There is a great expectation for this event: simply browse the site – www.robertoalborghetti.wordpress.com/ – where there’s a page about the exhibition. The title couldn’t be more hit for this exceptional exhibition sponsored by the Municipality and Osa. Roberto Alborghetti will show forty artworks that symbolically represent the meaning of his artistic research, based on observation and reproduction of one of the several “apocalypses” of our times, namely the decomposed and torn publicity posters we see on walls and along the streets.
Roberto Alborghetti looks inside this great Babel of decomposed colors and words degraded by time, environment and humans. He draws chromatic energy from trash images, giving new life and reason to what is considered (for the eyes and the urban landscape) a rejection or a disturbing element. The historic Piancastagnaio fortress, evoking the passage of times, offers an ideal space to enhance the contrasting language of colors and shapes of Roberto Alborghetti compositions.
The “Lacer /actions” Show will be accompanied by forums, workshops and videoshows created by Alborghetti. The exhibition will also feature a limited-edition of a three silk scarves series which Roberto Alborghetti produced in collaboration with renowned textile designer Bruno Boggia who worked with the most famous international fashion designers.
But let’s know something more about this fascinating fortress, one of the most impressive Medieval Italian castles, a perfect location for Roberto Alborghetti artpieces. Since the 11th century the area of southern Tuscany around the castle of Piancastagnaio was the object of the expansionist politics of the powerful feudal family of the Aldobrandeschi. The whole territory is rich in historical remains tied to these potentates. Between the possessions of the Aldobrandeschi, Piancastagnaio was almost always the site of allotted to the noble family from the monks of the Abbey of S.Salvatore since the beginning of the year 1000. Subsequently it was claimed from the Viscounts of Campiglia and during the 13th century it became object of ulterior disputes between the cities of Siena and Orvieto.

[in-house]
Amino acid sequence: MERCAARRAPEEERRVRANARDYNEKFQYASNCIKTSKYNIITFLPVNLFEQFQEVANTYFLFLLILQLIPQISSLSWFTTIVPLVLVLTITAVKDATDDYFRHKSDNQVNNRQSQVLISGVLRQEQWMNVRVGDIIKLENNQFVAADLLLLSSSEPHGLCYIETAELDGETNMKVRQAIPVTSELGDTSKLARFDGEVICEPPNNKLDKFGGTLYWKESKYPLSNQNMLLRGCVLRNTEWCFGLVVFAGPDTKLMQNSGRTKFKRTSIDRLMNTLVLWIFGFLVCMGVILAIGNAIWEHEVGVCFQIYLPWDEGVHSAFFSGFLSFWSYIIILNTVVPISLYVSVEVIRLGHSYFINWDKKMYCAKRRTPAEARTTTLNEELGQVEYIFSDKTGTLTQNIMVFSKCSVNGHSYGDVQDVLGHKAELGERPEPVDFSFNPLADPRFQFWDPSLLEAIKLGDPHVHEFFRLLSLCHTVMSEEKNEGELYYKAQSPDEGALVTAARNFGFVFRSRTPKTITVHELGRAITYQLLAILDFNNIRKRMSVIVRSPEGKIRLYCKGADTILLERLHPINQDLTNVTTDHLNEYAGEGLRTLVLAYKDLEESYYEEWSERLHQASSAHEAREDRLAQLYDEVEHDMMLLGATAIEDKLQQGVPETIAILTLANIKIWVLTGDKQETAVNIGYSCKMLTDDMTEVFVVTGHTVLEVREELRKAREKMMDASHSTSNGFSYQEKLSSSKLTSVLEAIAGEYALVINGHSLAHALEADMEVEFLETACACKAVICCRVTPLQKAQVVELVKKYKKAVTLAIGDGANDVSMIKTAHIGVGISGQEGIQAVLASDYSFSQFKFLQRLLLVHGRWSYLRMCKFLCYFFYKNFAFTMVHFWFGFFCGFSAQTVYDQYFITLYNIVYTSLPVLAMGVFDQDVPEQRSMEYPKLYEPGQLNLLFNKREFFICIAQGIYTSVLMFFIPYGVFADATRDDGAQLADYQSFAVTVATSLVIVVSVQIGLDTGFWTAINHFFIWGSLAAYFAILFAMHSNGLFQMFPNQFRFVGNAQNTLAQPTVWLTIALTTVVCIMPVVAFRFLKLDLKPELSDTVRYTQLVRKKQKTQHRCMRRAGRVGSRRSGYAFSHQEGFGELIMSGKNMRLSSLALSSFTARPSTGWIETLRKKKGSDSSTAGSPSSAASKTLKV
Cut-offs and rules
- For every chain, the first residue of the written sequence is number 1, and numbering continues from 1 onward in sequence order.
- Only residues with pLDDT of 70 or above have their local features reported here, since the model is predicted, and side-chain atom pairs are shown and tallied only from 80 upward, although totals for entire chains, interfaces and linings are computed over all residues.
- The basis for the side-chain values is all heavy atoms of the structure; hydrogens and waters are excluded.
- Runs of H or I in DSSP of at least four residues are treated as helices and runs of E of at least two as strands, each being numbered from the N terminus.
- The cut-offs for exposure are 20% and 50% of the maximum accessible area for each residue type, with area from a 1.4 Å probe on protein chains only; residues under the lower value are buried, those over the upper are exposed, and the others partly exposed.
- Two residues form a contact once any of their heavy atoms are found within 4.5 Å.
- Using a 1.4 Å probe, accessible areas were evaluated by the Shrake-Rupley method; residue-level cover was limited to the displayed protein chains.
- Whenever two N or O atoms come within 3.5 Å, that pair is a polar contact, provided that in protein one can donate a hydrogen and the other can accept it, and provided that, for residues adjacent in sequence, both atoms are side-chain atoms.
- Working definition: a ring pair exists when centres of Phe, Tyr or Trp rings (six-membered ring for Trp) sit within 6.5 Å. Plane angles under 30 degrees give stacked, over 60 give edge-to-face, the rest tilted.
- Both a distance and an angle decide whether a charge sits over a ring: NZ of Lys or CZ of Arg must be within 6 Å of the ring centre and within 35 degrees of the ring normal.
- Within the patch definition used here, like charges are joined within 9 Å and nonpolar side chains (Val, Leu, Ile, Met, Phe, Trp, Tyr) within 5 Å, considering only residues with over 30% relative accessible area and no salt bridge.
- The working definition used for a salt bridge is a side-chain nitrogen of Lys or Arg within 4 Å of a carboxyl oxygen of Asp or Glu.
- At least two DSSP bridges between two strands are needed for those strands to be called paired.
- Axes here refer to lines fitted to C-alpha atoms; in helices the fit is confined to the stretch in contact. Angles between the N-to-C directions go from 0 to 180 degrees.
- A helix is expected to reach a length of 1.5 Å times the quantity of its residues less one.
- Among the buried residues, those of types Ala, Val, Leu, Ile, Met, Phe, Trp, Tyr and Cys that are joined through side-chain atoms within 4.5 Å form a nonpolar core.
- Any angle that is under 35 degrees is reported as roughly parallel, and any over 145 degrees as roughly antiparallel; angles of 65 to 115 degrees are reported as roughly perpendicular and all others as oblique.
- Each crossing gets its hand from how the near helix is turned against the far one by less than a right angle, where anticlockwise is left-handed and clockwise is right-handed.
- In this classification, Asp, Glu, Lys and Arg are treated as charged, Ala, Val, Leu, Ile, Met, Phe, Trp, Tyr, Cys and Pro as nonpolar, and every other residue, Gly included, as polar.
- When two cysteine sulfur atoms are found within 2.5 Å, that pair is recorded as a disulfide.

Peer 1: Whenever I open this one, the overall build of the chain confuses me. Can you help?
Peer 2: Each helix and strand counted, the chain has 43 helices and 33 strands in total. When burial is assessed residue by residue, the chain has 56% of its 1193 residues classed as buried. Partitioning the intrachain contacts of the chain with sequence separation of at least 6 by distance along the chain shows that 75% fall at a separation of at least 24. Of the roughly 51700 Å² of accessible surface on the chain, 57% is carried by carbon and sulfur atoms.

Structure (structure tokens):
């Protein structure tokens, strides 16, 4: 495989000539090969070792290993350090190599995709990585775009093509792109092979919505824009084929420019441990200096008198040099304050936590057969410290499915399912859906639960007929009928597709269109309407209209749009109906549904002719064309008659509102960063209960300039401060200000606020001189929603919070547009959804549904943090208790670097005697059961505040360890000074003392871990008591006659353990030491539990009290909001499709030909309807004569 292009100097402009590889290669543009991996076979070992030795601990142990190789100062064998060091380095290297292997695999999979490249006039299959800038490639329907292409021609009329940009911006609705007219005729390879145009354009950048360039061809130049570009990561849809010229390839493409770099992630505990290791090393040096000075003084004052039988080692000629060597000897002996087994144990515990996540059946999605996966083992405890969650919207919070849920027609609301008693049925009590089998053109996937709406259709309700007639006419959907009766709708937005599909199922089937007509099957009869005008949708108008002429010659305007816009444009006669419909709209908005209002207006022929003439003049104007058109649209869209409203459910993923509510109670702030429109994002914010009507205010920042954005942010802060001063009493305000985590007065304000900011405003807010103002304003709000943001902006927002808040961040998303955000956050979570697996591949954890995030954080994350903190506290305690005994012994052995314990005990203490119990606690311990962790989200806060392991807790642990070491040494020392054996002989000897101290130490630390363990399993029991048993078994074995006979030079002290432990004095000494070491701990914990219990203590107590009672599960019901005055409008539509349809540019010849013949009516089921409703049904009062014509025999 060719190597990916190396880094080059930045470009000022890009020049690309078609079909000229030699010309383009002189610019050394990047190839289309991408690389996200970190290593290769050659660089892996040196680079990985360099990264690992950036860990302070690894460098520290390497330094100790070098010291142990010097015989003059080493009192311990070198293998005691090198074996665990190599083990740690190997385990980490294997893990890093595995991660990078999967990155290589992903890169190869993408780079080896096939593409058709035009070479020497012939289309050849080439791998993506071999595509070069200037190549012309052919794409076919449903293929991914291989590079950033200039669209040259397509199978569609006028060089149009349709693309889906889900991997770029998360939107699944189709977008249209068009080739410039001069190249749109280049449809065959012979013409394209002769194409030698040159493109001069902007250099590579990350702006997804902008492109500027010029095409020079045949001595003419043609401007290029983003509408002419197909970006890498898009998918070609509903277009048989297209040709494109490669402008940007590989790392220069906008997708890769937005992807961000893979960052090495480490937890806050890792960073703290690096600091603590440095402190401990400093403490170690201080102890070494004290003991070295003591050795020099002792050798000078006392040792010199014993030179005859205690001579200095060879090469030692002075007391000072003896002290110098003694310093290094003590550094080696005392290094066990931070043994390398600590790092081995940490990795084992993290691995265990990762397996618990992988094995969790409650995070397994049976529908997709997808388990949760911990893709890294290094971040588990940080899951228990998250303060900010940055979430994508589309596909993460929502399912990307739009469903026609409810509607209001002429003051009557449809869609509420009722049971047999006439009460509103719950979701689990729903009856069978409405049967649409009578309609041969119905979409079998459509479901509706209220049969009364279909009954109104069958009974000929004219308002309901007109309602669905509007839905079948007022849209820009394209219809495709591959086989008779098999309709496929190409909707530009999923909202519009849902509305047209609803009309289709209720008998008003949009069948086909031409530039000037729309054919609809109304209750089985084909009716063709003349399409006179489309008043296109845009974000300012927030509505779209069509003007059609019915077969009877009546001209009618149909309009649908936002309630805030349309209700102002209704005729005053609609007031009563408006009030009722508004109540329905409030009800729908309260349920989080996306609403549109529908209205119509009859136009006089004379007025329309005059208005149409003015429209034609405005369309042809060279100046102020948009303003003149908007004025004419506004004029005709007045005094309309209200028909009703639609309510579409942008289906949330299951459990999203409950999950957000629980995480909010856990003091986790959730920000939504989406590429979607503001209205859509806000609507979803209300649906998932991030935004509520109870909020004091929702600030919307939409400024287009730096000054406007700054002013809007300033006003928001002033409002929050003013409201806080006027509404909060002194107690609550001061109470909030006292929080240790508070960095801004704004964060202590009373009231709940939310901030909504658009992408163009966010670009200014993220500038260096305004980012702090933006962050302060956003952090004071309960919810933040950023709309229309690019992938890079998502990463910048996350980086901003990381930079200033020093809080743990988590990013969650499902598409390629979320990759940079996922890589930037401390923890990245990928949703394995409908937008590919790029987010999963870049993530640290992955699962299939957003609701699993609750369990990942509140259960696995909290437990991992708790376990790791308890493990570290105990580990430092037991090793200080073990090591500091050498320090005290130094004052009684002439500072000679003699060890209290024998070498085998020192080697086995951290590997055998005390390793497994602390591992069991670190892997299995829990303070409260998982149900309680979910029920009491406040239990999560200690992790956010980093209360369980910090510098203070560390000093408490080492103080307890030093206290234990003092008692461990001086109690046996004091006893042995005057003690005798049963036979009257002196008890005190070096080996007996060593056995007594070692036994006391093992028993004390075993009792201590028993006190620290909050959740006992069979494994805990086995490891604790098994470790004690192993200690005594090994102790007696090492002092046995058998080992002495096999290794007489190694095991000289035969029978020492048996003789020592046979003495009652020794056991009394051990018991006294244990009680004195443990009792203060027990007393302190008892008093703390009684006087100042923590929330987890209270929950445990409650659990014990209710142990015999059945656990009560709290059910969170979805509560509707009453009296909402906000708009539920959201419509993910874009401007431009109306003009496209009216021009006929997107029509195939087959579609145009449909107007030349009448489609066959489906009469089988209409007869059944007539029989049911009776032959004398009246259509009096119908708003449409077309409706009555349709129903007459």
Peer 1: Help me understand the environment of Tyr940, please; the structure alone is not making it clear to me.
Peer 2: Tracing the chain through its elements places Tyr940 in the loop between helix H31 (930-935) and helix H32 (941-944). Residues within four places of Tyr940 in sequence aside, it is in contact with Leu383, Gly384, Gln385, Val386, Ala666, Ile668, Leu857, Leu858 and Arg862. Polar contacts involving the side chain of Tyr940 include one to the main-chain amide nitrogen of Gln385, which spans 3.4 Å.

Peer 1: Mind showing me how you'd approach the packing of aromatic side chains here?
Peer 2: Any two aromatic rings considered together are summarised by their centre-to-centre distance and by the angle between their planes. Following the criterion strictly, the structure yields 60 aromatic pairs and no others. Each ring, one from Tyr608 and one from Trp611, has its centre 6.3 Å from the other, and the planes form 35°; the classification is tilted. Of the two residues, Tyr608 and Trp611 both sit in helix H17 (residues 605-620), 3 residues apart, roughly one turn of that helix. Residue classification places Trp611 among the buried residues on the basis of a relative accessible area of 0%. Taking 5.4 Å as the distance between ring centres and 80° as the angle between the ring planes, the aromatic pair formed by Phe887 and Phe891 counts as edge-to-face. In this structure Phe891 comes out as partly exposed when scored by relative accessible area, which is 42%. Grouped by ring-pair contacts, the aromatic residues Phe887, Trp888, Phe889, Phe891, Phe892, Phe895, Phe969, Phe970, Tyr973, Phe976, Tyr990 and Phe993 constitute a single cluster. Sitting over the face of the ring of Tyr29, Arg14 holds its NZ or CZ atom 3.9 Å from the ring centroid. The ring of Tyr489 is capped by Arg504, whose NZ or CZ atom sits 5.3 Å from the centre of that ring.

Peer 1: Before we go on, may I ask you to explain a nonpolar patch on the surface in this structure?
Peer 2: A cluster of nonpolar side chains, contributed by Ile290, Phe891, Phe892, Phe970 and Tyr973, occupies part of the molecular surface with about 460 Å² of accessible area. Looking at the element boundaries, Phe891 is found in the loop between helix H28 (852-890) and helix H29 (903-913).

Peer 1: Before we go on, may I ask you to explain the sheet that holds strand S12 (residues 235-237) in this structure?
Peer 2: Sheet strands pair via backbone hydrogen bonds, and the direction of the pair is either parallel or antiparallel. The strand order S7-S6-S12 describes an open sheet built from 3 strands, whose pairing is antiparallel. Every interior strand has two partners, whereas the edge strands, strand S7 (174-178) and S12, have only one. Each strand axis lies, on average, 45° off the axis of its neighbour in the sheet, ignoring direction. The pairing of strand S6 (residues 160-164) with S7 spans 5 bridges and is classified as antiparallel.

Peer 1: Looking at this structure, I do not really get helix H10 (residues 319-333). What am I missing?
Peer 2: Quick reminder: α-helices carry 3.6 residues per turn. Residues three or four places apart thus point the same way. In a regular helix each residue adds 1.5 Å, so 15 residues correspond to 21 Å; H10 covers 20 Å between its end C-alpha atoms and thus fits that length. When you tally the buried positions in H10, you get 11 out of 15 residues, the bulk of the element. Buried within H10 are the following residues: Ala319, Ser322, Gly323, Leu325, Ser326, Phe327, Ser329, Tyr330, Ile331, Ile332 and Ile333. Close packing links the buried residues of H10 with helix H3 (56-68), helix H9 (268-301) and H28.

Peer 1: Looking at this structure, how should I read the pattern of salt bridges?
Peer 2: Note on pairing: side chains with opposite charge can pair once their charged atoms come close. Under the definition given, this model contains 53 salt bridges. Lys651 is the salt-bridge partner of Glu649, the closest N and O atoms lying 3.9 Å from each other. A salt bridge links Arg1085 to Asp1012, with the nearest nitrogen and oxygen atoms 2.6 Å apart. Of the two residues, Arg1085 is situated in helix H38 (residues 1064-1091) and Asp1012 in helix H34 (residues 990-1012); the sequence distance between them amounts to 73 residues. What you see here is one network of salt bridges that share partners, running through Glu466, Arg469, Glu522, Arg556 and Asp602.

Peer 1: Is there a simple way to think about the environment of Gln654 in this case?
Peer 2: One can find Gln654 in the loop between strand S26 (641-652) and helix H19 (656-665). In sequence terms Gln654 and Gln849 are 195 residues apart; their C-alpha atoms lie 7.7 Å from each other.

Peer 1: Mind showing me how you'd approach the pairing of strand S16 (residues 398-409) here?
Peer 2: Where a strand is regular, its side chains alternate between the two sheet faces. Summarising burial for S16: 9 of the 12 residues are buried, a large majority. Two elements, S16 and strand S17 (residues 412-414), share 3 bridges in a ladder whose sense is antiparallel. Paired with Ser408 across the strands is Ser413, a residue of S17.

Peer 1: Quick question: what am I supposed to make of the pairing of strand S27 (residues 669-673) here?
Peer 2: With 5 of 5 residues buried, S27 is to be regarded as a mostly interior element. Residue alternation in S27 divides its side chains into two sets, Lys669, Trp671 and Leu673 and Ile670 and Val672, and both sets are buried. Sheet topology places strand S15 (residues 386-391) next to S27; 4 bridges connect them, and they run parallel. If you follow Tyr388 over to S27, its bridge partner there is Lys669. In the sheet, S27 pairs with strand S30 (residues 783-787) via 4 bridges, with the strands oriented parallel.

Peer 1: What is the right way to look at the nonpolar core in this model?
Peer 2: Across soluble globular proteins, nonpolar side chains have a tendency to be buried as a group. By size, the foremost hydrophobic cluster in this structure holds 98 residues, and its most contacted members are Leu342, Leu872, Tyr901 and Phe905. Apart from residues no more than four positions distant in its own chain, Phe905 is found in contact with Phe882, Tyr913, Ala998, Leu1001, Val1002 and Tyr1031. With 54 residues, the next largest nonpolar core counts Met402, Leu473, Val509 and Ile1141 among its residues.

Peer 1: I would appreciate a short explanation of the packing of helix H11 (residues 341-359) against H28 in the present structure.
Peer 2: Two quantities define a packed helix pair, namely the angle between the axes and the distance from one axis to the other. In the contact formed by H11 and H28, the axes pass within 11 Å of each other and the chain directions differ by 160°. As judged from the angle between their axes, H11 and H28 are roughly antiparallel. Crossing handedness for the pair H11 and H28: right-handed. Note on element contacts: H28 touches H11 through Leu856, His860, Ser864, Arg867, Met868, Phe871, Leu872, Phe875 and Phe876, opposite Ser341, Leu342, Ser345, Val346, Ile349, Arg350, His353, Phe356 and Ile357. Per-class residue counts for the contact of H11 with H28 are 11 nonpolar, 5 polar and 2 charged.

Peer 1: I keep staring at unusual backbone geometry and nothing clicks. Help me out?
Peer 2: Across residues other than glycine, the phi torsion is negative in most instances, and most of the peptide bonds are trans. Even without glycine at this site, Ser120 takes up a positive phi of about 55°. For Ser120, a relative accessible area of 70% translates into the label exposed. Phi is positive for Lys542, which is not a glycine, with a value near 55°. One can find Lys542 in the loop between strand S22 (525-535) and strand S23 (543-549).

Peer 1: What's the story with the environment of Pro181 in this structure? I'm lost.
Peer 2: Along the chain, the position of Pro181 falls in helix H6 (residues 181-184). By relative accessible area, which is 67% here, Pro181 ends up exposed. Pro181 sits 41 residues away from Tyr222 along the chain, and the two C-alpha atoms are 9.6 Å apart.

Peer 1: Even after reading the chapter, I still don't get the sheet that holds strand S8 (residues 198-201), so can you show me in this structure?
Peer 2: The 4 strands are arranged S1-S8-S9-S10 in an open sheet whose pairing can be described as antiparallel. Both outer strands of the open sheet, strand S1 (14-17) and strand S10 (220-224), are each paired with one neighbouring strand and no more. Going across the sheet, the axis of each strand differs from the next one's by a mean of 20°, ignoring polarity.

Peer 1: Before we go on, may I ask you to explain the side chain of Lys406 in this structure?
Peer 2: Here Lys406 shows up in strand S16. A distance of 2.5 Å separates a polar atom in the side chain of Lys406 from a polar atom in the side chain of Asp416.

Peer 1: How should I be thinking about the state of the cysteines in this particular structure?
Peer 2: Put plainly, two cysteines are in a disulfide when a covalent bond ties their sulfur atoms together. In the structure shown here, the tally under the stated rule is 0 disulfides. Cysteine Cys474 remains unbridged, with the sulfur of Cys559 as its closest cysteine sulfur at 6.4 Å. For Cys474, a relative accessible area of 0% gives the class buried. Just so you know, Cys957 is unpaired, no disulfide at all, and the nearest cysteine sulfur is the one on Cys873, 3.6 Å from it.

The Orvietani gained control of the powerful fortress in the 1303 and maintained it for around fifty years. At this point they entered in the quarrel with the heirs of the Aldobrandeschi, the Orsini of Pitigliano, to oppose the new aims of the Senese Republic. Only between the years 1415 and 1430 Siena finally succeeded to taking possession of Piancastagnaio, that was attached to the Capitanato of Radicofani. In 17th century the settlement became a Granducal fief and finally, with the Leopoldine reforms, the chief town of the the same community.
The country town has a circular form, once had surrounding wall enclosure with alternating square towers and four gates. The walls and the gates have been almost entirely demolished, with the exception of few lines, three towers, two with semicircular shape and the other squared, the main city Gate beside the Rocca and other three minor Gates in the southern front of the walls: ‘Porta Romana’, ‘Porticciola’ e ‘Porta di Voltaia’.
In the highest point of the inhabited area rises still today the mighty Rocca Aldobrandesca. The construction has a square form and is endowed with tall and strongly inclined walls. From the enclosure rises two towers , the greatest, either as thickest, had functions of keep, the other, in the opposite angle, defended the underlying gate of access to the city.
The whole complex was endowed with machicoulis and battlement, still today almost intact. The Rocca is under good condition thanks to careful work of restoration.
- “As Running Fast Water…” Abstract From a Decomposed Poster – Lacer/actions Postcards # 5 (robertoalborghetti.wordpress.com)
- Scene From a Drowned World… But It’s Not a Painting! (robertoalborghetti.wordpress.com)
- “Winds Blow…”: New “Haiga” With Susan Kahn Verses and Roberto Alborghetti Torn Posters Images (robertoalborghetti.wordpress.com)
- Something Hot… But It’s Just a Ripped Poster – Lacer/actions Postcards # 4 (robertoalborghetti.wordpress.com)